Editor’s Note: Pro Hockey Talk’s partner FanDuel is hosting a $1,000 Fantasy Hockey league for Thursday’s NHL games. It’s $10 to join and first prize is $200. Starts Thursday at 7pm ETHere’s the FanDuel link.

Game 1: New York Rangers vs. Philadelphia Flyers (7:00 p.m. ET, CNBC)

These two teams split the season series against each other with each team winning twice. The difference between them as this series kicks off is a bit stark as Philly’s Steve Mason will miss Game 1 after suffering an injury in the final game of the season.

Going up against Henrik Lundqvist makes the night a bit tougher for the Flyers and their potent offense, but if last night is an indication of how the first round of the playoffs might go, coming out firing might be in Claude Giroux’s best interest. Giroux’s MVP-like effort this season keyed the Flyers into getting into the postseason and guys like Wayne Simmonds and Jakub Voracek have followed suit.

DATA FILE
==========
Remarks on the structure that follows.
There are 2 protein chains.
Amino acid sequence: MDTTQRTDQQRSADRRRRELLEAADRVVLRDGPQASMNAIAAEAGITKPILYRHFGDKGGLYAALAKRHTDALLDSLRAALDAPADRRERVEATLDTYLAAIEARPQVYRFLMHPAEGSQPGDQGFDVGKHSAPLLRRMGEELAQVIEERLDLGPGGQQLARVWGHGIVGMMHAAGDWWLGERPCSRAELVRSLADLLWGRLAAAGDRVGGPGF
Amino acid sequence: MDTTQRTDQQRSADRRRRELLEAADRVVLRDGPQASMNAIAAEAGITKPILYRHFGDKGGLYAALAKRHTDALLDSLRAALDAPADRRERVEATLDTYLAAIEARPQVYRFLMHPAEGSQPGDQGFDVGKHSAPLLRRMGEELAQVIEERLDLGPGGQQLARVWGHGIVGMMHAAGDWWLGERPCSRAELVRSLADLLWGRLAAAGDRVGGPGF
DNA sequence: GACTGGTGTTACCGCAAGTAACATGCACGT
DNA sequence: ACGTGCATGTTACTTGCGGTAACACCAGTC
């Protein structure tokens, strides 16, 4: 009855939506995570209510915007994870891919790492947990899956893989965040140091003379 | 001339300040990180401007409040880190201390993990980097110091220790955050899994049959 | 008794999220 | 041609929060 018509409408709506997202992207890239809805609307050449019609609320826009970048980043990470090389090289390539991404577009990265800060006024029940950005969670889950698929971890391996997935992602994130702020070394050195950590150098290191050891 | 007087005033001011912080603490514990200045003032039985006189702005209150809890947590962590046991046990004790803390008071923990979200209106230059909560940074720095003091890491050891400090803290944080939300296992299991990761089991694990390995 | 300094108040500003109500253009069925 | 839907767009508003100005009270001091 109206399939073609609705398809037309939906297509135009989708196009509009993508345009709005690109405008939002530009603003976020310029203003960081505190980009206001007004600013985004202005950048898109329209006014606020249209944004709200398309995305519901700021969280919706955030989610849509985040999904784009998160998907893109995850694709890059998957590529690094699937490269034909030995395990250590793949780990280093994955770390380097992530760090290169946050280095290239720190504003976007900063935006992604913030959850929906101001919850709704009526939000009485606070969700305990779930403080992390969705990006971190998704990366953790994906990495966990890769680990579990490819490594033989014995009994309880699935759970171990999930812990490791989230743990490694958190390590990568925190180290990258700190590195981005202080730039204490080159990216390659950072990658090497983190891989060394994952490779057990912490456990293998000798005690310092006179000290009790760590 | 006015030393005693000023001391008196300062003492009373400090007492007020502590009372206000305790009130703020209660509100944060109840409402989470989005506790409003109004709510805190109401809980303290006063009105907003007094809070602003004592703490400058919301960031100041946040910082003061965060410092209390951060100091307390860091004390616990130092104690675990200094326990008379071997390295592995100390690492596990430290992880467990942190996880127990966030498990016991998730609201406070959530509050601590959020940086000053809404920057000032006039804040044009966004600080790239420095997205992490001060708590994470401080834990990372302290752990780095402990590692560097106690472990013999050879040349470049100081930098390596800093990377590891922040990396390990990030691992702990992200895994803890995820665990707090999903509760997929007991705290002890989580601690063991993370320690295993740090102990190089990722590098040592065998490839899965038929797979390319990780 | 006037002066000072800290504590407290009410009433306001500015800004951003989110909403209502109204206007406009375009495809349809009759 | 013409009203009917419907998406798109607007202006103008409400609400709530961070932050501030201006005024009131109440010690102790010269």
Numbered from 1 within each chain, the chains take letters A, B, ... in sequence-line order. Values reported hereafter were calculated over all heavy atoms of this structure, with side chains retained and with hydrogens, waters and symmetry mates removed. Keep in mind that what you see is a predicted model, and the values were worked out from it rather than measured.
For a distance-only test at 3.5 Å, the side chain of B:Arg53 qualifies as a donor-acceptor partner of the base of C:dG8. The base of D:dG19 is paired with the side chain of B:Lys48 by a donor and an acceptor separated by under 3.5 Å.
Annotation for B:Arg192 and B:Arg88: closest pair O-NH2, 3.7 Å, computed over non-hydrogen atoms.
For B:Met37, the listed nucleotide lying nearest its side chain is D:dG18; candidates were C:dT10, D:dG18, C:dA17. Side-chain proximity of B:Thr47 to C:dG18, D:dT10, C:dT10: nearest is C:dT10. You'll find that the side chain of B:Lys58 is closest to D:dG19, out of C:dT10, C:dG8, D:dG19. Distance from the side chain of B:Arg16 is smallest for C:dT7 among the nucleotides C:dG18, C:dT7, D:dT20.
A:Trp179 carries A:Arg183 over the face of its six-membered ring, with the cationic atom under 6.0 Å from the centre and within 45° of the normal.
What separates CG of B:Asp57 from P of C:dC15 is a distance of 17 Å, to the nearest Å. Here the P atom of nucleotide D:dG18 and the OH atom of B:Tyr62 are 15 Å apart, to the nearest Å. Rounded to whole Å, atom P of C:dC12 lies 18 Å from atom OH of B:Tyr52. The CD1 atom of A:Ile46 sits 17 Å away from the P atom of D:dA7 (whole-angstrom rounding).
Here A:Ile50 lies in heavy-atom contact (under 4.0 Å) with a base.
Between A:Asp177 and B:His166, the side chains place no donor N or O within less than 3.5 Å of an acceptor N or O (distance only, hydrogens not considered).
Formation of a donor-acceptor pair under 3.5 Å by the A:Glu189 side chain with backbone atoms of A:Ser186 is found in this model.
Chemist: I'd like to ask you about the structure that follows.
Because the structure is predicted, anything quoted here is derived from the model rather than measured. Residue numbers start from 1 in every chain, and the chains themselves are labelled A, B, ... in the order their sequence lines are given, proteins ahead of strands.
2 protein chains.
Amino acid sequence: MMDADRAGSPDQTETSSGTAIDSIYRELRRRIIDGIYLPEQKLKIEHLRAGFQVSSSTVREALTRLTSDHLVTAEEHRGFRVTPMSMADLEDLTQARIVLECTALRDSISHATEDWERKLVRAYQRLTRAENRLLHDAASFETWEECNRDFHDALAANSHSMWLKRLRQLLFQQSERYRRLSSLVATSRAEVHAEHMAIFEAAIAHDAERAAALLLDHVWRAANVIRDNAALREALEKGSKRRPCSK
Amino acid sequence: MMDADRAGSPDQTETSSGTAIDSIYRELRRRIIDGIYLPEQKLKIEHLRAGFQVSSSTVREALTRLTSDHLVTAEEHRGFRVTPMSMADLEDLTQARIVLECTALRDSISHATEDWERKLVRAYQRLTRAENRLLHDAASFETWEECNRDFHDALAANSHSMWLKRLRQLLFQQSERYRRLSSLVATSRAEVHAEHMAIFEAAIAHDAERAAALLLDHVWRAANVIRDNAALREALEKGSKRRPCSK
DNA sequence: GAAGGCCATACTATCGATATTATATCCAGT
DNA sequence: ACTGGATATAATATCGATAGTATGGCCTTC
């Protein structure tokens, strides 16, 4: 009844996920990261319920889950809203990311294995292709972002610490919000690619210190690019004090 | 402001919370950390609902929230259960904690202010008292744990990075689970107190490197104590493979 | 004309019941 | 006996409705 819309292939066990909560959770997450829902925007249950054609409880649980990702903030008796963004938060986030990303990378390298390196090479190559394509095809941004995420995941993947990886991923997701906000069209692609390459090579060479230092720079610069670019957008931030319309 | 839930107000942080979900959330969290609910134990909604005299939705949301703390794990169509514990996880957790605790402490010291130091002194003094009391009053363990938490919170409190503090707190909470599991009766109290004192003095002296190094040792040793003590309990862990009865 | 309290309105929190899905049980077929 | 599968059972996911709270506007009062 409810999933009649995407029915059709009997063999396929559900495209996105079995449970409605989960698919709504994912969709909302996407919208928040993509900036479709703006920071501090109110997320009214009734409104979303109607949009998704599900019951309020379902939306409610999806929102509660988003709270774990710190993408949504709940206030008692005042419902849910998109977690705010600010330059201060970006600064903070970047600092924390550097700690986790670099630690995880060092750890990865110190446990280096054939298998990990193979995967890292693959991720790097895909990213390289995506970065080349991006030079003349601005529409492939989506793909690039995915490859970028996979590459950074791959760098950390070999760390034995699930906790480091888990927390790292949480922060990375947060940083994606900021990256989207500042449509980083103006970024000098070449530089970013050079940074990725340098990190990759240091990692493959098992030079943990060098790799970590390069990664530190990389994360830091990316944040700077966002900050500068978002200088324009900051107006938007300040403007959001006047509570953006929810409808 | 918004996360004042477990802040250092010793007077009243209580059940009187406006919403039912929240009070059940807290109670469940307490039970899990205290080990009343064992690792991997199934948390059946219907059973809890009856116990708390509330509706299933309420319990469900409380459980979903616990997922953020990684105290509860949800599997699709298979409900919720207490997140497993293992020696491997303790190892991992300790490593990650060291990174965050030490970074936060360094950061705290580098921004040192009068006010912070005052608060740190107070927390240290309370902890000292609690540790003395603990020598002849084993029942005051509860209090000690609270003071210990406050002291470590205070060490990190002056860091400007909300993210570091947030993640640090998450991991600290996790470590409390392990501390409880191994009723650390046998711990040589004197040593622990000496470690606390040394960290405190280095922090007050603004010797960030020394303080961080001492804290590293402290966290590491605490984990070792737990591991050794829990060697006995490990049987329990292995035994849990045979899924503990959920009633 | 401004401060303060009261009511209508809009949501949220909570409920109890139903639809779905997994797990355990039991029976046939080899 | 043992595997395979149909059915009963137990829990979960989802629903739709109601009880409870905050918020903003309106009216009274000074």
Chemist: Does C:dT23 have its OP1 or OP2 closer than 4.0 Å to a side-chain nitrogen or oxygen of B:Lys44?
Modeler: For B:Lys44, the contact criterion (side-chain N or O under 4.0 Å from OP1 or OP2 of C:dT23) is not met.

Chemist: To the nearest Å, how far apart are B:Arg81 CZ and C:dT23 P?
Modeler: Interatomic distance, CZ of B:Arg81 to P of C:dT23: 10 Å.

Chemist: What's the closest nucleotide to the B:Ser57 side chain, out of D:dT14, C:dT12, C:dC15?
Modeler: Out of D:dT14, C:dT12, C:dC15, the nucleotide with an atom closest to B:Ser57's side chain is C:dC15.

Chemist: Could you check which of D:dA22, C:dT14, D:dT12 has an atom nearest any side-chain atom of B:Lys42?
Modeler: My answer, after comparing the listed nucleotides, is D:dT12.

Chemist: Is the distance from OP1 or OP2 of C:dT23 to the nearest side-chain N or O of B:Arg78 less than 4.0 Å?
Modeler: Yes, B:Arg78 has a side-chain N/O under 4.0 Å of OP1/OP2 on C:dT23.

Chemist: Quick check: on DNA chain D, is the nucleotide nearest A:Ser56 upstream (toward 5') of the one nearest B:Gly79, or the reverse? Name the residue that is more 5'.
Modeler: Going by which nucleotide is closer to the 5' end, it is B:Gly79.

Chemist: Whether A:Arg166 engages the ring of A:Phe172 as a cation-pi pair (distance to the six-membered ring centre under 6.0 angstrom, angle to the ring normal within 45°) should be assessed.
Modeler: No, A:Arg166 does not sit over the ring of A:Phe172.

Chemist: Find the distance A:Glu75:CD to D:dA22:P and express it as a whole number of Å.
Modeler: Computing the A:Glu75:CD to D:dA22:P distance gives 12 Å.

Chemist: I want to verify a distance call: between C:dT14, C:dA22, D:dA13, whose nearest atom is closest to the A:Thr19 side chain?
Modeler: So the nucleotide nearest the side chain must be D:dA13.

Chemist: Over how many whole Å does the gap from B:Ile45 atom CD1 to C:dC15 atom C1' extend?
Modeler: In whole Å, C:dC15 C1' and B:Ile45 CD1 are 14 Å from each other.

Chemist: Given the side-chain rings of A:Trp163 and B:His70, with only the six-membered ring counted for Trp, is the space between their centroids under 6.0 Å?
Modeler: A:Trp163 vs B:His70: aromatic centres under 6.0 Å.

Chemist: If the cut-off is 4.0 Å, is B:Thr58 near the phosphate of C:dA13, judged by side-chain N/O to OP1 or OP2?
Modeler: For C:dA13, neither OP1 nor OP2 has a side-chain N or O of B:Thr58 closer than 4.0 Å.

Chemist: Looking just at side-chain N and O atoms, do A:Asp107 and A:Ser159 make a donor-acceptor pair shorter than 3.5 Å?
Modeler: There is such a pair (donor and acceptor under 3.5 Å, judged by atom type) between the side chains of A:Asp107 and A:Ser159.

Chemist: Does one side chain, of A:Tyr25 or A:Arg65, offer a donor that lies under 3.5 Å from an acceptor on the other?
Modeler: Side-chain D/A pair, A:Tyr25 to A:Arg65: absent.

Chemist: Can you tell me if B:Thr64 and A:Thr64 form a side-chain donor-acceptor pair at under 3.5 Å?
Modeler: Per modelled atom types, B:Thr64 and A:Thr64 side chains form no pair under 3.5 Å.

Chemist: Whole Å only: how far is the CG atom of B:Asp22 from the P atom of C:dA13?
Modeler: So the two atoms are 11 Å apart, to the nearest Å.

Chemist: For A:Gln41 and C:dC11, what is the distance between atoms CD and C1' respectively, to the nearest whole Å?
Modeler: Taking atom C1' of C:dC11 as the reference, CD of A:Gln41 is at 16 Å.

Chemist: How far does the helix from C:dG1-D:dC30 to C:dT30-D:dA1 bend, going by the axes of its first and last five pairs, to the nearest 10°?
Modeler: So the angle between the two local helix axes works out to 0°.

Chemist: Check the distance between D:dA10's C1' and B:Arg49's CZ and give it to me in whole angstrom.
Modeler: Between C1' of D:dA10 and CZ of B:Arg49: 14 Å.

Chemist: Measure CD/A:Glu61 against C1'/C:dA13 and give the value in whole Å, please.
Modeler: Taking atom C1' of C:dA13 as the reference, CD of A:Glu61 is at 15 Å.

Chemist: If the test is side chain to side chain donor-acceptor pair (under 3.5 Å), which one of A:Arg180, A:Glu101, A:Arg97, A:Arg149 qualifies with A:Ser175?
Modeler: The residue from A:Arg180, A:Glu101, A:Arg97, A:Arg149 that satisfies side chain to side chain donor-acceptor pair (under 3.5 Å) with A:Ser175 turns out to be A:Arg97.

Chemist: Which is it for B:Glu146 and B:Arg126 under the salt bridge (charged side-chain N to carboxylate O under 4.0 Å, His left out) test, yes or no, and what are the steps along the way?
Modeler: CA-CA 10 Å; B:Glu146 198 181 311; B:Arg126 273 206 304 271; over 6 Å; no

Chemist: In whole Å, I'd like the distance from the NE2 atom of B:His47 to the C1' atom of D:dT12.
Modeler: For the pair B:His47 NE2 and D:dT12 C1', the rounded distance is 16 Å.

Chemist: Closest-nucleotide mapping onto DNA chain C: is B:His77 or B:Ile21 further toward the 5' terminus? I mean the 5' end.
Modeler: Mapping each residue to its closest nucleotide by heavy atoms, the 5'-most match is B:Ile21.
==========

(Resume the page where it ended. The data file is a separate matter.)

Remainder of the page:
How Rick Nash and Martin St. Louis respond will be important and with Ray Emery in goal for the Flyers to start the series off, time is ripe for the Rangers to get off to a good start.

Game 1: St. Louis Blues vs. Chicago Blackhawks (8:00 p.m. ET, NBCSN)

All season long the Blues were the runaway favorites to win the West. Then the last few weeks happened where numerous key players got hurt and Ryan Miller struggled stopping the puck. Now, everyone can’t help but pick against the Blues to lose out to their arch-rivals, the Blackhawks.